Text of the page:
It is in Christ’s story that we find our meaning and therefore our hope. This is the perspective that lets us affirm John Lennox’s comment, “God is greater than the evil going on around us…We are tracing rainbows through the rain.” Christ is a beautiful picture of suffering being redeemed even if we cannot answer why this means. This is true for our suffering whether it comes from COVID or some other kind of hardship.

Just because we cannot explain it or account for every detail does not indicate that somehow we have slipped into Plan B because our Heavenly Father, the Creator of Heaven and Earth, has suddenly allowed His purposes to be thwarted.

Dr. Lennox’s initial comment that kicked off their discussion was that most of us live as if we are not going to die, but COVID makes us look at death and this makes us recognize our own mortality. When we are faced with our own mortality how do we handle this? Often fear takes over because we forget who we are in Christ. God did not send His son to die that awful death on the cross so that His plans could be frustrated. We must never forget that God’s plans will be accomplished.

Intellectually, we may be able to tell ourselves this but so often fear, a fragile identity in Christ, and a lack of intentional living clog our hearts so that we more readily relate to emptiness than a fullness where thankfulness spills out all over everything. What is the remedy?

The Practice of Gratitude

One of the sweet things about God’s grand design is that He desires for us to be active participants. While the Lord does not need me to usher in His Kingdom, He calls forth fallen individuals to redeem that which is broken including ourselves. Now do not misunderstand what is being said here, I am not saying we have the power to redeem ourselves. However, it is true that by God’s grace and design He does long for me to live a life of holiness and because that can’t happen naturally I have to expend energy towards excising sin out of my life. And when I am not a grateful person, then this means I need to cultivate gratitude by practicing it.

Even though I would not agree with everything Carroll puts forth in his article he has tapped into something that I think is helpful when he says:

The difference between a grateful and an ungrateful person isn’t attitude, or character, or kindness. It’s awareness. Whether it’s due to indifference or obliviousness, the ungrateful simply aren’t aware of the good…Fortunately, awareness is a skill that can be developed through training. You train your ability to be grateful through – you guessed it – a gratitude practice.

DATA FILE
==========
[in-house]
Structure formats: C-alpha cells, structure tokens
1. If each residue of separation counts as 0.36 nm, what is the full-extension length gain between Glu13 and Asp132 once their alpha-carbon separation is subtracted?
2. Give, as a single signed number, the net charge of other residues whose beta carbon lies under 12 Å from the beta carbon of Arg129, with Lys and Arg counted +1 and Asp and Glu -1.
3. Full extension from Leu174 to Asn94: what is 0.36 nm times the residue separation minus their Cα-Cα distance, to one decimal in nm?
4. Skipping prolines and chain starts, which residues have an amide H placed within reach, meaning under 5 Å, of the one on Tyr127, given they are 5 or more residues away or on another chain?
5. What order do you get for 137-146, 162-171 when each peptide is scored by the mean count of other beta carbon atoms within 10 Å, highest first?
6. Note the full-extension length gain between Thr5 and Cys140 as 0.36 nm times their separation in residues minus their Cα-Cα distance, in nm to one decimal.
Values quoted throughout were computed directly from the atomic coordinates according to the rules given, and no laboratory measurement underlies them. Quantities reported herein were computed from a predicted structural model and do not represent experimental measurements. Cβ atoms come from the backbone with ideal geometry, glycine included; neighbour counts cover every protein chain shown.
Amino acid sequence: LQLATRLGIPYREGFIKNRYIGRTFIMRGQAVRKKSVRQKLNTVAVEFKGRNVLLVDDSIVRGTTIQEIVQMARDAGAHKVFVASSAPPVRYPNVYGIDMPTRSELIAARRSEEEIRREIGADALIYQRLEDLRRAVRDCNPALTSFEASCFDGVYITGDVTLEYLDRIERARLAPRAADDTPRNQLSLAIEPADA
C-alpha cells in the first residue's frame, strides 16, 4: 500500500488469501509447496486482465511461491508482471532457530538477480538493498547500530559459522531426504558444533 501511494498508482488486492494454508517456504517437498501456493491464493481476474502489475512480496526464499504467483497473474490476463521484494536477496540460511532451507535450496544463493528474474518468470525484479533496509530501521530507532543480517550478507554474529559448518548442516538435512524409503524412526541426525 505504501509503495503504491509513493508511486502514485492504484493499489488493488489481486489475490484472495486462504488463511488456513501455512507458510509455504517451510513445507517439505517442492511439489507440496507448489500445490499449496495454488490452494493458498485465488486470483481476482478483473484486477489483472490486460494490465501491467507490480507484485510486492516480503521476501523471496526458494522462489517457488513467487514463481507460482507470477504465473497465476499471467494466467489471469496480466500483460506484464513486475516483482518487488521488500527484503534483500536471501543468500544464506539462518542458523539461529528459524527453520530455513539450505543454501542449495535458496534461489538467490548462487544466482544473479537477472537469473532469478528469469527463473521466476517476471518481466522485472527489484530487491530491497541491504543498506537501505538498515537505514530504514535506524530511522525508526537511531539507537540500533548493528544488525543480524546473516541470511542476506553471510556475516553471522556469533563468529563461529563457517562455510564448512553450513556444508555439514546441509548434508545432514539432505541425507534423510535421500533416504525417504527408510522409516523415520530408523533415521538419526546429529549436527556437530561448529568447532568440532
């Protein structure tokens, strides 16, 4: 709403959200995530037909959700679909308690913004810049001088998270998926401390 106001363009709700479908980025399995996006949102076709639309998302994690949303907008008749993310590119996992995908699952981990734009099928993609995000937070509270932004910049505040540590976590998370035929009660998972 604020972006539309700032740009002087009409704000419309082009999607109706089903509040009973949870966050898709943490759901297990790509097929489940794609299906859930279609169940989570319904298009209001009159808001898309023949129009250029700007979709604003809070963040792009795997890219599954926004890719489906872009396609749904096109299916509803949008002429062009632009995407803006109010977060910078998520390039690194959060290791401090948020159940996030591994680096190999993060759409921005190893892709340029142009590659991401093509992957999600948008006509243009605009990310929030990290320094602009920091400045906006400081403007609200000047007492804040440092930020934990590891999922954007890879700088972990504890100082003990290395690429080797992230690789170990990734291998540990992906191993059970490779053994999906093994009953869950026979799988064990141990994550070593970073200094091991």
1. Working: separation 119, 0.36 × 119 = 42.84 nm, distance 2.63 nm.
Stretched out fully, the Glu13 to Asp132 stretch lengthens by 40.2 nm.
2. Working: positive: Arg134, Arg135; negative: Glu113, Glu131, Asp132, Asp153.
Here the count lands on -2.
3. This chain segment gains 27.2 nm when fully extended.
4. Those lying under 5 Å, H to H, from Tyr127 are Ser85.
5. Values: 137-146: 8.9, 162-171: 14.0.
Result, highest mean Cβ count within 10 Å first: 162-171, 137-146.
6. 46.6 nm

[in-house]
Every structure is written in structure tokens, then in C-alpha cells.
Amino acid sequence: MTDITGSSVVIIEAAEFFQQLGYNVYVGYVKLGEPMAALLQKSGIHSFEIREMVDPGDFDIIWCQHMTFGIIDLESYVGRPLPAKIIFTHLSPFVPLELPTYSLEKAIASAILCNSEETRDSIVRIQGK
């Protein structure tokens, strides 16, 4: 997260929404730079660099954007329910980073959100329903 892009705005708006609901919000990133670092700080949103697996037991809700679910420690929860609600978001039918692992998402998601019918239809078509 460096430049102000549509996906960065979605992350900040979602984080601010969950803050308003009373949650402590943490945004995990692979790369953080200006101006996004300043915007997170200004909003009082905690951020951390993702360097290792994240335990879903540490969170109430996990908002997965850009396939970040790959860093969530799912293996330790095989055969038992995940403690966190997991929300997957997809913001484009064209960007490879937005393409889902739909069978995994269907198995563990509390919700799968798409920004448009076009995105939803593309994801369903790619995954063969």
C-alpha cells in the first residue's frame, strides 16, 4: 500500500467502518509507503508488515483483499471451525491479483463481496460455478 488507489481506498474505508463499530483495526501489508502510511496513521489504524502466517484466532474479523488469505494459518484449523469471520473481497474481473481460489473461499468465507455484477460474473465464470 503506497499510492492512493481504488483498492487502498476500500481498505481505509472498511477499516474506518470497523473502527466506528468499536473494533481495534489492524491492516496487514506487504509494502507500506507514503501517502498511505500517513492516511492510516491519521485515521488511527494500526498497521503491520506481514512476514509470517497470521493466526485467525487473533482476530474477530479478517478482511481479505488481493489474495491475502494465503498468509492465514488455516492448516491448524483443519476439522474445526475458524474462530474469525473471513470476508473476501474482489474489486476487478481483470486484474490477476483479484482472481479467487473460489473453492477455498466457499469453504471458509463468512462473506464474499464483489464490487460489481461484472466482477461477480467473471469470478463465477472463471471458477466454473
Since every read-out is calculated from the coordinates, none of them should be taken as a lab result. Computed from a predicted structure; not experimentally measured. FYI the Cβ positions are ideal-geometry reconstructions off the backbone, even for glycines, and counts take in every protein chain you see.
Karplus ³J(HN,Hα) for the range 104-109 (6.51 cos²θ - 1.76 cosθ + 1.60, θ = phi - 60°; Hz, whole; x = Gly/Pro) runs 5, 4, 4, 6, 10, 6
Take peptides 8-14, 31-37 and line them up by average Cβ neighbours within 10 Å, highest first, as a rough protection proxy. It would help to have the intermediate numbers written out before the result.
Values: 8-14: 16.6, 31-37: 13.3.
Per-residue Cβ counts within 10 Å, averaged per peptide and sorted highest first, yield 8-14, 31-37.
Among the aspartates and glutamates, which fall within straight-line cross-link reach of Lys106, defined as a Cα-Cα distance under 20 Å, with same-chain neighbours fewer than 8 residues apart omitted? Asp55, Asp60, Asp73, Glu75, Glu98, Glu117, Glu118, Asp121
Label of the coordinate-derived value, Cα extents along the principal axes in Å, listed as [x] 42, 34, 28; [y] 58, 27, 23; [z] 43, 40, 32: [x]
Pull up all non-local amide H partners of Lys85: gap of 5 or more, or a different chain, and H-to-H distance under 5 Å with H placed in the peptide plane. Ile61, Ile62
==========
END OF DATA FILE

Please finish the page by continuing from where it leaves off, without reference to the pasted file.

The goal of a gratitude practice isn’t to make you a happier person; it’s to help you become a more perceptive one. Stopping to notice both the ‘little things’ and things we take for granted, means we must stop our automatic thinking. This is unnatural for most of us, and it takes practice. To reap the promise of gratitude, we have to take the time and put in that work.

Carroll goes on to explain his recommendations for practicing gratitude while building our awareness skills and suggests keeping a regular journal, without repetition, of things for which we are grateful. When asked what we are thankful for, there are generally a handful of items/people that we can quickly list. After this it can become more difficult. When constrained by not repetitious, gradually our vision and our mindset begin to shift. With effort we begin to see other thanksgiving-worthy things in our lives and soon to follow will be sight without effort. Thus, begins the transformational process of becoming a grateful person and not just someone who experiences gratitude. Carroll’s philosophy also includes challenges to reflect more and to take the time to express gratefulness.

As Christians, we know that this cannot occur apart from God’s grace. In our practice of gratitude, we should always be praying that the Lord would give us eyes to see. God’s design is filled with beautiful mysteries, and one of those is how He effectually uses gratitude for affectual purposes in our souls. This holiday weekend glorious feasts will be prepared and often the method of marinating to enrich flavor will be employed. This is what the practice of gratitude does to our hearts—it enriches our lives by filling us with hope, strengthening our fortitude to withstand hardships, knowing our suffering is not without purpose, and humbling our egos to trust God beyond what we can explain.

It is worth mentioning that practicing gratitude or even becoming a grateful person does not somehow immunize us from pain and suffering. Rather it will determine how we navigate harsh seasons and how well we come out of these valleys. There are some hardships that carry with it pain that is never ending, but the suffering does not have to linger. This is the transformative power of a grateful spirit melting away the calluses and hard-heartedness that often accompanies difficulty.

The timeliness of this post is because of Thanksgiving, but its significance is derived from much bigger things at stake. COVID has created circumstances that make us all vulnerable, and with vulnerabilities rest assured Satan is on the prowl and desires to have you and me. We must stand firm even if we don’t feel like it and know that the gates of Hell will not prevail. The Lord has risen, and hearts filled with gratitude will allow His light to shine and give us the strength to live by the power and grace of our Lord Jesus Christ.

Just imagine…Lord, what would it look like to do everything in your name—to approach every situation with gratitude for what has been and faith in what will be? (365 Days of Prayer for Women)


Crosland Stuart, of Crosland & Company, LLC, works with The Collaborative on marketing, recruiting, and content creation. Additionally, she also works in the areas of foundation consulting, communications, and is a literary agent.